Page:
Aortic valve endothelial cells (ECs) function in vastly different levels of shear stress. The biomechanical characteristics of cells on each side of valve have not been investigated. We assessed the morphology and mechanical properties of cultured or native valve ECs on intact porcine aortic valve cusps using a scanning ion conductance microscope (SICM). The autocrine influence of several endothelial-derived mediators on cell compliance and the expression of actin were also examined. Cells on the aortic side of the valve are characterized by a more elongated shape and were aligned along a single axis. Measurement of EC membrane compliance using the SICM showed that the cells on the aortic side of intact valves were significantly softer than those on the ventricular side. A similar pattern was seen in cultured cells. Addition of 10(-6) M of the nitric oxide donor sodium nitroprusside caused a significant reduction in the compliance of ventricular ECs but had no effect on cells on the aortic side of the valve. Conversely, endothelin-1 (10(-10)-10(-8) M) caused an increase in the compliance of aortic cells but had no effect on cells on the ventricular side of the valve. Aortic side EC compliance was also increased by 10(-4) M of the nitric oxide synthase inhibitor NG-nitro-L-arginine methyl ester. Immunofluorescent staining of actin filaments revealed a great density of staining in ECs on the ventricular surface. The expression of actin and the relative membrane compliance of ECs on both side of the valve were not affected by ventricular and aortic patterns of flow. This study has shown side-specific differences in the biomechanics of aortic valve ECs. These differences can have important implications for valve function.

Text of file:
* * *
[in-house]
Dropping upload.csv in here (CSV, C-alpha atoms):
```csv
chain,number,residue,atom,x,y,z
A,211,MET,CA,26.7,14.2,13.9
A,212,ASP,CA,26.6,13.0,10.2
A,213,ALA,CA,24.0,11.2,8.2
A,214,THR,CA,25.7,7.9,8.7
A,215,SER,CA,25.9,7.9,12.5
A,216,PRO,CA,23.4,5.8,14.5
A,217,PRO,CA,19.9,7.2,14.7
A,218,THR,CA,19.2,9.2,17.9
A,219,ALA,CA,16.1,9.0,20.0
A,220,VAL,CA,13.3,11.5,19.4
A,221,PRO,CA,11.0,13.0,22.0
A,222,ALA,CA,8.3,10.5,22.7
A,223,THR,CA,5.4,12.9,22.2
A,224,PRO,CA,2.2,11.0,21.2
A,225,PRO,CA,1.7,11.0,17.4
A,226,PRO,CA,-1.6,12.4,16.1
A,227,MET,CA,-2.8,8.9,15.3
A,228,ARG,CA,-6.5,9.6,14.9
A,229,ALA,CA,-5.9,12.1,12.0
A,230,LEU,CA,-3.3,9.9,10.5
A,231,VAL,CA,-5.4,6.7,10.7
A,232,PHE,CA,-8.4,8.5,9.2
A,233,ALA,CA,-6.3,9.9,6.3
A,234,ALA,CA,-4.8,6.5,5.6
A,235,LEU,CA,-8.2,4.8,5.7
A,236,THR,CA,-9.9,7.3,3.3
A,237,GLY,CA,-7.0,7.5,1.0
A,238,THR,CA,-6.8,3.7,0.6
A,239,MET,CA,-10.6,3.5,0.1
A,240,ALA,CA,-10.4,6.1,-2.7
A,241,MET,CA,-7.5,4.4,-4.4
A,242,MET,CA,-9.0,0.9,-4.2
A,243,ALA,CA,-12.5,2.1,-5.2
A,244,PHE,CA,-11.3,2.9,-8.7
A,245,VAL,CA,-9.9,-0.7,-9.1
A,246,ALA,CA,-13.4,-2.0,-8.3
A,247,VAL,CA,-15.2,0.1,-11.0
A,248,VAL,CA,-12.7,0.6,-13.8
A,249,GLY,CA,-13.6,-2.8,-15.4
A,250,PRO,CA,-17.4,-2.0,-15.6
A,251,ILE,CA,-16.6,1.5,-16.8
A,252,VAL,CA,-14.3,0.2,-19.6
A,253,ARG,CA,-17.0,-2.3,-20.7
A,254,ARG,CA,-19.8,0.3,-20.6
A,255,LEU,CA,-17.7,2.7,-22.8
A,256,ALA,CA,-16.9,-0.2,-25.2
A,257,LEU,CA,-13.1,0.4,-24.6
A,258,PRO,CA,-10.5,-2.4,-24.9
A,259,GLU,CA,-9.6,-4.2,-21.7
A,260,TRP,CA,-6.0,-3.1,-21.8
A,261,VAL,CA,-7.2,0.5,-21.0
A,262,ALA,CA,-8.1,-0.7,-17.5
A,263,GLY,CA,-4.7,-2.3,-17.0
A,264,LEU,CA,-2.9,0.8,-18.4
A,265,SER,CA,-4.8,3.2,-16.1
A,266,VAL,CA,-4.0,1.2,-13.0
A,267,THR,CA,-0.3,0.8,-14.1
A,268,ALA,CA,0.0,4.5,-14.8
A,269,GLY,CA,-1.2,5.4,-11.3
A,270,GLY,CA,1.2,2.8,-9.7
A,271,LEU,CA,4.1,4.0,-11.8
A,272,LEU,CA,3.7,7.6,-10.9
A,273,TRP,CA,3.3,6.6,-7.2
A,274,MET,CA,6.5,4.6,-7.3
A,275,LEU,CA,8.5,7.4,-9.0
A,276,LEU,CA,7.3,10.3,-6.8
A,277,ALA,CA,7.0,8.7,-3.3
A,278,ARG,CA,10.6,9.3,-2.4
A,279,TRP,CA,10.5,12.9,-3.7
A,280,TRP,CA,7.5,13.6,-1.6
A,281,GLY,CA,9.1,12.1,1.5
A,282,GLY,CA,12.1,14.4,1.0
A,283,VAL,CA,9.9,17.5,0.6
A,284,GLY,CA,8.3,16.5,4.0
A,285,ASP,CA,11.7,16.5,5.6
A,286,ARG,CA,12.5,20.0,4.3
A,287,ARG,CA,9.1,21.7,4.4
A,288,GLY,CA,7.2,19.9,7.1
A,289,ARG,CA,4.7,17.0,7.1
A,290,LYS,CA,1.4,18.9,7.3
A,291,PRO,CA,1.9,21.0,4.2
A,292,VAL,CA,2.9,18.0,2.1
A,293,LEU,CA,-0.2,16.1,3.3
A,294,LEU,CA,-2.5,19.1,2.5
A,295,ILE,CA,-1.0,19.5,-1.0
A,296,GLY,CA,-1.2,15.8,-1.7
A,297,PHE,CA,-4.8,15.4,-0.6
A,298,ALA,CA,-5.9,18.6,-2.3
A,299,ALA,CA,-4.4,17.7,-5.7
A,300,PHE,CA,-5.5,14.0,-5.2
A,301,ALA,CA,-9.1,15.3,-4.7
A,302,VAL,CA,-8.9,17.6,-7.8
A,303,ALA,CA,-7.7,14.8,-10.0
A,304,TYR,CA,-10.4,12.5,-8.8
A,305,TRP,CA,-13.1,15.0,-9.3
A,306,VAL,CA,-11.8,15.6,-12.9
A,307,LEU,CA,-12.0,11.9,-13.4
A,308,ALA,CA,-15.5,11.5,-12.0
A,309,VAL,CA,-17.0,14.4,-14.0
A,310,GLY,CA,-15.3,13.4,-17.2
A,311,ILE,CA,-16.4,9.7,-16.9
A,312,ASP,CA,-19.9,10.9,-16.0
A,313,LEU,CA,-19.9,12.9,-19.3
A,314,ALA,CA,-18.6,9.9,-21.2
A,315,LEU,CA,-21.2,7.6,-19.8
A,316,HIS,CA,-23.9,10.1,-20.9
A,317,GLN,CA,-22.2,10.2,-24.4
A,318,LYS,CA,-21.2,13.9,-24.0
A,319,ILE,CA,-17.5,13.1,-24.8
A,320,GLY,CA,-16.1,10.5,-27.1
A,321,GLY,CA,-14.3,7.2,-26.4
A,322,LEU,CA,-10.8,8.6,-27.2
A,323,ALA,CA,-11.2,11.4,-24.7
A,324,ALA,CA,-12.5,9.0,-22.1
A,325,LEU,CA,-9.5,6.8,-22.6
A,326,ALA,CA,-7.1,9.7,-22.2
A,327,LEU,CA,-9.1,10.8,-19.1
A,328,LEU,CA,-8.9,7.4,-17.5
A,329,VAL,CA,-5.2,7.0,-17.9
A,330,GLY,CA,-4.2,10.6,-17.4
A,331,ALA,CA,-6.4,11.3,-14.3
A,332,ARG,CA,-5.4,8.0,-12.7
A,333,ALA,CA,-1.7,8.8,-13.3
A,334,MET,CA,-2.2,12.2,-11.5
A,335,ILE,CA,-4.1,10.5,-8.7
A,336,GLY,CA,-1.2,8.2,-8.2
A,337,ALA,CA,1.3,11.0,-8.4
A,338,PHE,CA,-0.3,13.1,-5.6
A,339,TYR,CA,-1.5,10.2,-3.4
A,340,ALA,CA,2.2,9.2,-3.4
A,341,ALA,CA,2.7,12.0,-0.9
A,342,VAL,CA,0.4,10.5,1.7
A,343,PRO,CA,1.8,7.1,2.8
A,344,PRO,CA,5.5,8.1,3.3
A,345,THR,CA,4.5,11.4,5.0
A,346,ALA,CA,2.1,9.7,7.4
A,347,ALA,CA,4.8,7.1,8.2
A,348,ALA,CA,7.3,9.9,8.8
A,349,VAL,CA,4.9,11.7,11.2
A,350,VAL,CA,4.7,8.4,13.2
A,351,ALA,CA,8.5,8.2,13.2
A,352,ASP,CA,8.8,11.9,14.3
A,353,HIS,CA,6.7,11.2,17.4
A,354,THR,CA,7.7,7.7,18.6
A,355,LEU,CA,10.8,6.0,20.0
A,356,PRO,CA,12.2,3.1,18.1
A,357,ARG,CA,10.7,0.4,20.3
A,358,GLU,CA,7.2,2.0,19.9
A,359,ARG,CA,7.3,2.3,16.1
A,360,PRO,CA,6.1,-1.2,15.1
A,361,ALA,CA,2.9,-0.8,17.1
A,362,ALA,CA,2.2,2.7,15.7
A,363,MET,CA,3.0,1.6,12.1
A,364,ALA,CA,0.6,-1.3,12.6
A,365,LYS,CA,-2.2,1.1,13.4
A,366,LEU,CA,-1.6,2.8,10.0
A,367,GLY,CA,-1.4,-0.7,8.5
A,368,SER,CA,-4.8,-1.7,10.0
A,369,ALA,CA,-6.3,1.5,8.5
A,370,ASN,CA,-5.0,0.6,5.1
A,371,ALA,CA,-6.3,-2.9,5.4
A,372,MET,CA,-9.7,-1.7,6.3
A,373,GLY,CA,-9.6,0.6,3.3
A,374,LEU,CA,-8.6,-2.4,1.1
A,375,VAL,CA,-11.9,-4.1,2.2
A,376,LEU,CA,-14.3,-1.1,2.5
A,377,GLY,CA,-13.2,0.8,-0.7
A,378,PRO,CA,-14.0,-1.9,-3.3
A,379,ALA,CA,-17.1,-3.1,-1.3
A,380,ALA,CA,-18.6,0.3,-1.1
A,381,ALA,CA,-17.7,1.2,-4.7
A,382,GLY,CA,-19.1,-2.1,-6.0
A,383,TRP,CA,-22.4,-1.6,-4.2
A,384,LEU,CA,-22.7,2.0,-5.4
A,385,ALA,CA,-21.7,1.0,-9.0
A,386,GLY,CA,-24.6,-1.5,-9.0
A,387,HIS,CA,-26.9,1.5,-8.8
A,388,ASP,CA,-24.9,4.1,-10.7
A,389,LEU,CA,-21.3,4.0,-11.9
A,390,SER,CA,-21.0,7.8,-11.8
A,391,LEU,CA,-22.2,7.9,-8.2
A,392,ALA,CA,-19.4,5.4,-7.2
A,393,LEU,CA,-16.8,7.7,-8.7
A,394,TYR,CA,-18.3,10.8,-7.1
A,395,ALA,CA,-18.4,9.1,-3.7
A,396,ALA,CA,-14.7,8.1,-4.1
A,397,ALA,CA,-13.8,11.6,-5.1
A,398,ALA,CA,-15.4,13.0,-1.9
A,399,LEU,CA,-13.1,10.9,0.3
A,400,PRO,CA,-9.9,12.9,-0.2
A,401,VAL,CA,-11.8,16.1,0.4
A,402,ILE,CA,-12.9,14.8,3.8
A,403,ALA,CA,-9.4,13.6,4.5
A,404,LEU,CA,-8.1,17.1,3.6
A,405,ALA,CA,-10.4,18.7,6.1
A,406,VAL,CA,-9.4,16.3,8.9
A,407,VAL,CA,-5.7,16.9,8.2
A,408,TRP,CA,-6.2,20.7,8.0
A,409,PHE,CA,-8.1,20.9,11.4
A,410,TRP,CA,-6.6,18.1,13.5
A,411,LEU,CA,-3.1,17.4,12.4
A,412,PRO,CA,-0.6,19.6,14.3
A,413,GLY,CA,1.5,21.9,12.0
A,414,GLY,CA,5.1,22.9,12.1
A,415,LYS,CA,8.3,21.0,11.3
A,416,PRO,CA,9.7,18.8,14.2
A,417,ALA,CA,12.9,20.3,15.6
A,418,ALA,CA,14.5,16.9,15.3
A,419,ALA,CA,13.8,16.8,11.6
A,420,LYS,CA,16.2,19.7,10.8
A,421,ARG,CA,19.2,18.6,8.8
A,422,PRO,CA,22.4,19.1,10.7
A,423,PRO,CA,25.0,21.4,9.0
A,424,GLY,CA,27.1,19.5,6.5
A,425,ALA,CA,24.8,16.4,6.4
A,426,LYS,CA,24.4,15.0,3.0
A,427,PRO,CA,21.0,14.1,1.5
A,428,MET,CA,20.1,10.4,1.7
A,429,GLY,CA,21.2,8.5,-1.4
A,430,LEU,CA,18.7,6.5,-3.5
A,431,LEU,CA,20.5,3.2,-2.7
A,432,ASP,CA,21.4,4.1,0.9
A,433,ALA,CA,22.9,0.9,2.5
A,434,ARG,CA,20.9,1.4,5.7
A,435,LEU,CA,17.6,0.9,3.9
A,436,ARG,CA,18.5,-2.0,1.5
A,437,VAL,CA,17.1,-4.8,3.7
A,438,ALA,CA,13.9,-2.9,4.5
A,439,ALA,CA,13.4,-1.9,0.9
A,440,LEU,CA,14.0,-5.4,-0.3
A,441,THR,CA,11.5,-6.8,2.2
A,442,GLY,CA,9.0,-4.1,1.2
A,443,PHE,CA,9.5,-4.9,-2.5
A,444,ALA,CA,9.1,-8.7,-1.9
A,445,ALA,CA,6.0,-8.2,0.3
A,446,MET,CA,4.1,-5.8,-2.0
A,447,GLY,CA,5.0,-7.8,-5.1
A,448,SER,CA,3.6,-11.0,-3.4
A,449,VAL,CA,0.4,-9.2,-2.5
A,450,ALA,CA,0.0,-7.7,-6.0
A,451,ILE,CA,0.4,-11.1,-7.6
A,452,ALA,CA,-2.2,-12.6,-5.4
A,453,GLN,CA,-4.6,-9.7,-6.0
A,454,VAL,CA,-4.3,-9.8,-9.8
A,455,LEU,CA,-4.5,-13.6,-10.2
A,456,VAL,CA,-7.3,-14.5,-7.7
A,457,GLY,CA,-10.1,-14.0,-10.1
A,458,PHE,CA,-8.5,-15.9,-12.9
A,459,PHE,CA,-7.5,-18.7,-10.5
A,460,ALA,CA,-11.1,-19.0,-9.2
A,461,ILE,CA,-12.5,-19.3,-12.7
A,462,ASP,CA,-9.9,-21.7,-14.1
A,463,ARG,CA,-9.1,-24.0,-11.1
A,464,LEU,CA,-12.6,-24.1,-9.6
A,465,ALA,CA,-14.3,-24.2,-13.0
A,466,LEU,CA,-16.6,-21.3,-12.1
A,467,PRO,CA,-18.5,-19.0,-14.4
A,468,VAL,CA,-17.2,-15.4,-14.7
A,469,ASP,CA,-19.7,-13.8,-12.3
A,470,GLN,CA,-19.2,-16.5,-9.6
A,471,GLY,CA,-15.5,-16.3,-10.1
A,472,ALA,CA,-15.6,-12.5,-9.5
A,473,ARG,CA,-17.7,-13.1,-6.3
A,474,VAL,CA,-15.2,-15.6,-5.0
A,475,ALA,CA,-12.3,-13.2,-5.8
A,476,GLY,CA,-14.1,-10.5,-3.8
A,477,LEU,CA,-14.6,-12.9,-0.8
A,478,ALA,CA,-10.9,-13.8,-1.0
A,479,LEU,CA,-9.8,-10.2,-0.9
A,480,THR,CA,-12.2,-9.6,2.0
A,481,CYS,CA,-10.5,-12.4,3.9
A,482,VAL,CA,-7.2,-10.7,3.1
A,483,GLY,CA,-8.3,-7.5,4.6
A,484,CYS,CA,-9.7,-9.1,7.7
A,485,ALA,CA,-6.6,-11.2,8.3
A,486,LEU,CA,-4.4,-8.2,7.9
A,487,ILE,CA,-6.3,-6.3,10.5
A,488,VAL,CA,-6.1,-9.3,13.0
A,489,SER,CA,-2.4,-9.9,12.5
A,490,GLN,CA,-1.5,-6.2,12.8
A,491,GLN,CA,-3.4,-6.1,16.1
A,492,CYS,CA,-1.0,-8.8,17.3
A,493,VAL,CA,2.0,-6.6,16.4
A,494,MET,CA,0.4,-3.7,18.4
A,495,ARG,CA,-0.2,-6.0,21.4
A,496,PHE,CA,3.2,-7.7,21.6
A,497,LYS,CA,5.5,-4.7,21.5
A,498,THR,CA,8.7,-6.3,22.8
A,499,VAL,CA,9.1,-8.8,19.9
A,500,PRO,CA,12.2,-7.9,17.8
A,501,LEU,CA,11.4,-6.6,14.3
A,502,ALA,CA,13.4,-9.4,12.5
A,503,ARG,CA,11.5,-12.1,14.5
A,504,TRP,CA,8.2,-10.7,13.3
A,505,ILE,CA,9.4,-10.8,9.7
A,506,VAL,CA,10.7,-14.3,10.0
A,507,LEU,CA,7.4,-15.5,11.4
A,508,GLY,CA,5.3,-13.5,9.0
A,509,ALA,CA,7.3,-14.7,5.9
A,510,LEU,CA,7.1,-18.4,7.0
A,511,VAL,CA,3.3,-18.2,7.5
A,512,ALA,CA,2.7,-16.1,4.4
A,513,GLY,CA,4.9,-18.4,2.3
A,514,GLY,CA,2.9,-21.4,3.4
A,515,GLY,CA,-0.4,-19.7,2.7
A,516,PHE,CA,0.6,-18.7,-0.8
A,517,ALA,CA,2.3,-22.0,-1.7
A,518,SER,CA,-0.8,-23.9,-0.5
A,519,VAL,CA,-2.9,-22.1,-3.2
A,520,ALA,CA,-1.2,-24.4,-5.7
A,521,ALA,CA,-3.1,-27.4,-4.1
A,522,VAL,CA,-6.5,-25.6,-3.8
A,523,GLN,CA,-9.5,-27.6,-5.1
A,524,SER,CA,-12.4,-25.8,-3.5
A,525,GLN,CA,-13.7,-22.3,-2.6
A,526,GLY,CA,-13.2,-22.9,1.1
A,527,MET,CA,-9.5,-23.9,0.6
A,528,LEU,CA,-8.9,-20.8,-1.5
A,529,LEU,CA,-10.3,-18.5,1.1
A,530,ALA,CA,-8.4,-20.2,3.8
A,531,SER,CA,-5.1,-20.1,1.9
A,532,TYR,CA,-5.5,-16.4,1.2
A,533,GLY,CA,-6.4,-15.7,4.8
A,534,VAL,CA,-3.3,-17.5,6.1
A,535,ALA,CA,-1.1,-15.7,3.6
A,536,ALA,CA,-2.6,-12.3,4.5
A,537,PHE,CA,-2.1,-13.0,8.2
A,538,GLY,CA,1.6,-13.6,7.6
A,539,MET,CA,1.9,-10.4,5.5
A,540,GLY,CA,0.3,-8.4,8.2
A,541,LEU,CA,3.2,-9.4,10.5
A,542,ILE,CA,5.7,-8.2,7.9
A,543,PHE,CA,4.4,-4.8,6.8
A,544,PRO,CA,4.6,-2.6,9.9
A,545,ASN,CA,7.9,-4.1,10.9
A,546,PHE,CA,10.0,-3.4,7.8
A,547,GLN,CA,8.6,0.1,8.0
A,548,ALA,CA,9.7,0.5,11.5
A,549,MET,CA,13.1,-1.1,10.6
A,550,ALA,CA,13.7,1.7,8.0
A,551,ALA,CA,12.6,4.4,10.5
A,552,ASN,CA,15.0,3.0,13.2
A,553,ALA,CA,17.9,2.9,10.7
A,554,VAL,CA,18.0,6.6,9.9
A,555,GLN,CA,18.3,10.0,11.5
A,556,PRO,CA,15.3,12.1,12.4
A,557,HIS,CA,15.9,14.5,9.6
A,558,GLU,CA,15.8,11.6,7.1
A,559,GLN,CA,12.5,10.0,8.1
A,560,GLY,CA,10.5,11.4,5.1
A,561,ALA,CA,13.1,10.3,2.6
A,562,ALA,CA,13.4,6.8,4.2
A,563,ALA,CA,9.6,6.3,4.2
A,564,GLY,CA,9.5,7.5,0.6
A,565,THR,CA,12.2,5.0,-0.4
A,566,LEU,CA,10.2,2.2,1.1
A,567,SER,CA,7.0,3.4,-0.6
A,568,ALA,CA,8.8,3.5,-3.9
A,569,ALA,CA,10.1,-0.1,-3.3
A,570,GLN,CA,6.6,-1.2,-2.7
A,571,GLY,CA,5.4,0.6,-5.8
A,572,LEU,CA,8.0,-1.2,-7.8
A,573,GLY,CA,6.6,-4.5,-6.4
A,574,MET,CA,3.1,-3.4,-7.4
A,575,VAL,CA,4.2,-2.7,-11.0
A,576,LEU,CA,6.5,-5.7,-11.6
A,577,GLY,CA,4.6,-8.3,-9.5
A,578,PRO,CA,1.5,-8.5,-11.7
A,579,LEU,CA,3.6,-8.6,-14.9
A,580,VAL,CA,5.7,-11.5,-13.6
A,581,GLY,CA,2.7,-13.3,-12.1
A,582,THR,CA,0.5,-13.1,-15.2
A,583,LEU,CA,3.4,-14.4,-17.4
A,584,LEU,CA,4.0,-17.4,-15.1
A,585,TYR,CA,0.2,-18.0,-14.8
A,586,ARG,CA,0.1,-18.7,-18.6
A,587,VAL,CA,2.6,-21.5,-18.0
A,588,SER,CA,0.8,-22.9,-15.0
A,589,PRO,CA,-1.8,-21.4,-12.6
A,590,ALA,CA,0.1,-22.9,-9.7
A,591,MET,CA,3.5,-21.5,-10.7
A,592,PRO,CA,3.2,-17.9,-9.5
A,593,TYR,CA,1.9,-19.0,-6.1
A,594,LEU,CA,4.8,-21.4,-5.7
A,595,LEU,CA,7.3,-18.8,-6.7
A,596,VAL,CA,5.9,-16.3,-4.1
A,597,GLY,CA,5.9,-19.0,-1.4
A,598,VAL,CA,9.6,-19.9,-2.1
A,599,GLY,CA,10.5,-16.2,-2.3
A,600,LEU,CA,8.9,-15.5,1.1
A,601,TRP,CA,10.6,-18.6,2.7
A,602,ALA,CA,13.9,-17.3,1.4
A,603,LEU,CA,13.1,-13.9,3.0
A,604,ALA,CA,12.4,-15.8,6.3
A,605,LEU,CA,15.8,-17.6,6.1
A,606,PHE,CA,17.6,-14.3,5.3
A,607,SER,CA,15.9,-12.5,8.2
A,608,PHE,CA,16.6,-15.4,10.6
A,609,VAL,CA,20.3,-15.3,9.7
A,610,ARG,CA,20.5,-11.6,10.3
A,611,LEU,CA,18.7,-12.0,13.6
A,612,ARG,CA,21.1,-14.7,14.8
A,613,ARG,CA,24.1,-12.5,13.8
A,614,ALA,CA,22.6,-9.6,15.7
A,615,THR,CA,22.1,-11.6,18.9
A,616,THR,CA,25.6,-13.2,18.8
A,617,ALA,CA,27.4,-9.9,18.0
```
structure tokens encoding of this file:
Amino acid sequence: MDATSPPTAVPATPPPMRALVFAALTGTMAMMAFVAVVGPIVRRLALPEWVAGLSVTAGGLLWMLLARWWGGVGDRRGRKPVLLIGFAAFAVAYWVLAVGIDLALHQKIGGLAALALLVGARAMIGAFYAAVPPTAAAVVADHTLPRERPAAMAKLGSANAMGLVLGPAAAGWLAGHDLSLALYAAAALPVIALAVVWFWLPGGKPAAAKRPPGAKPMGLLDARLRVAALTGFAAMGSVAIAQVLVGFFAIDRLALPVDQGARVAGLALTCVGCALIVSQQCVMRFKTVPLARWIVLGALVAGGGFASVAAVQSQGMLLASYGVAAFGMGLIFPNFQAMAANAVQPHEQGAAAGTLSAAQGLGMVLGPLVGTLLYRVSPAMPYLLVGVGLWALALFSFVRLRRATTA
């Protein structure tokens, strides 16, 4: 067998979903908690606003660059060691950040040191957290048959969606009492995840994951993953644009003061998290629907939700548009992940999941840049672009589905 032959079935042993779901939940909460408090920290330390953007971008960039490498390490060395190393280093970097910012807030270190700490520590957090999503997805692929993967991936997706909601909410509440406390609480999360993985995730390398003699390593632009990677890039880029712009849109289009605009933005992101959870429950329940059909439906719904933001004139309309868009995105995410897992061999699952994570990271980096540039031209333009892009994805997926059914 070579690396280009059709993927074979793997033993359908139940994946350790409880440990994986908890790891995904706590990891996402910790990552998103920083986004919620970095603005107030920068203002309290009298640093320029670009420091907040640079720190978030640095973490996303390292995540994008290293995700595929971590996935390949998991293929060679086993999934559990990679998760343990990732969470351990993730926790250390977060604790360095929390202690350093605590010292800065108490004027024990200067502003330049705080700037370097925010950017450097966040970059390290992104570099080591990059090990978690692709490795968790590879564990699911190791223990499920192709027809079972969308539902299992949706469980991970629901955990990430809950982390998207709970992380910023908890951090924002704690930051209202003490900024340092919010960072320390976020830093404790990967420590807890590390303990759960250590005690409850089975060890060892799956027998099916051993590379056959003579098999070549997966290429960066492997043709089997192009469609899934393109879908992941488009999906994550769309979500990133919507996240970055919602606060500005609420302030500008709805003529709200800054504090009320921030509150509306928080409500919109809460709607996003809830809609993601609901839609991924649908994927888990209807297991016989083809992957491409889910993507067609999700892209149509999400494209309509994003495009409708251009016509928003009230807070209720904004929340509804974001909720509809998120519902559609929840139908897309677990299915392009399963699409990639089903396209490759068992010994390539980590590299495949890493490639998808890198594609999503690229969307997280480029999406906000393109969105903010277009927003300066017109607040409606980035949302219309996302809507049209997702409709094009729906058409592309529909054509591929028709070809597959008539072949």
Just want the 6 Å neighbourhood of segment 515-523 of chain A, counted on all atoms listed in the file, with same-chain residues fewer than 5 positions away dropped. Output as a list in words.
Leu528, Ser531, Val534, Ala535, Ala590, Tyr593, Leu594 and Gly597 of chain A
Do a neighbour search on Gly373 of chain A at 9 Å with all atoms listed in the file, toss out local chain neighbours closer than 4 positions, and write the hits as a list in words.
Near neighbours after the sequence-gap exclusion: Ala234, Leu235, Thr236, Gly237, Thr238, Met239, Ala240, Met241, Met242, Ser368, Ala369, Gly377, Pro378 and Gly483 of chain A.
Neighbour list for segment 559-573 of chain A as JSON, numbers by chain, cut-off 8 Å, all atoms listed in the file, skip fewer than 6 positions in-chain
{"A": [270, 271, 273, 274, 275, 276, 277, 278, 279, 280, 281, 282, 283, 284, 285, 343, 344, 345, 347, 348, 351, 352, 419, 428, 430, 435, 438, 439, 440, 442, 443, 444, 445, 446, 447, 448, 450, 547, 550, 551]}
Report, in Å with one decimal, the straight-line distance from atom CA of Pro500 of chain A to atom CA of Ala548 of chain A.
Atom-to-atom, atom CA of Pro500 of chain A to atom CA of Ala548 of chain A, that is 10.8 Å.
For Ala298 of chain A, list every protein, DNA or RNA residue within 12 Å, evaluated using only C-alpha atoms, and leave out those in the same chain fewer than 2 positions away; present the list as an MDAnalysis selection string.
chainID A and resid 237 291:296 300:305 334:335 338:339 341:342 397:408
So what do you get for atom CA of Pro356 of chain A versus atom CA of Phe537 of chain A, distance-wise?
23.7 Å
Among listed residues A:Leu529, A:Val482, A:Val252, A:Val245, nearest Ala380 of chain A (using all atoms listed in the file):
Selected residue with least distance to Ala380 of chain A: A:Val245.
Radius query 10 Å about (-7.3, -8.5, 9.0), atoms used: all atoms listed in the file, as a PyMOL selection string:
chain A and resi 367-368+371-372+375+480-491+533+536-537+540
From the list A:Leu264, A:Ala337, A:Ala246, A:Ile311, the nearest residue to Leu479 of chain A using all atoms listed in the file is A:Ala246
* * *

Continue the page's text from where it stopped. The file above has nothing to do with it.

Experimental data on dynamic interactions between individual nanoparticles and membrane processes at nanoscale, essential for biomedical applications of nanoparticles, remain scarce due to limitations of imaging techniques. We were able to follow single 200 nm carboxyl-modified particles interacting with identified membrane structures at the rate of 15 s/frame using a scanning ion conductance microscope modified for simultaneous high-speed topographical and fluorescence imaging. The imaging approach demonstrated here opens a new window into the complexity of nanoparticle-cell interactions.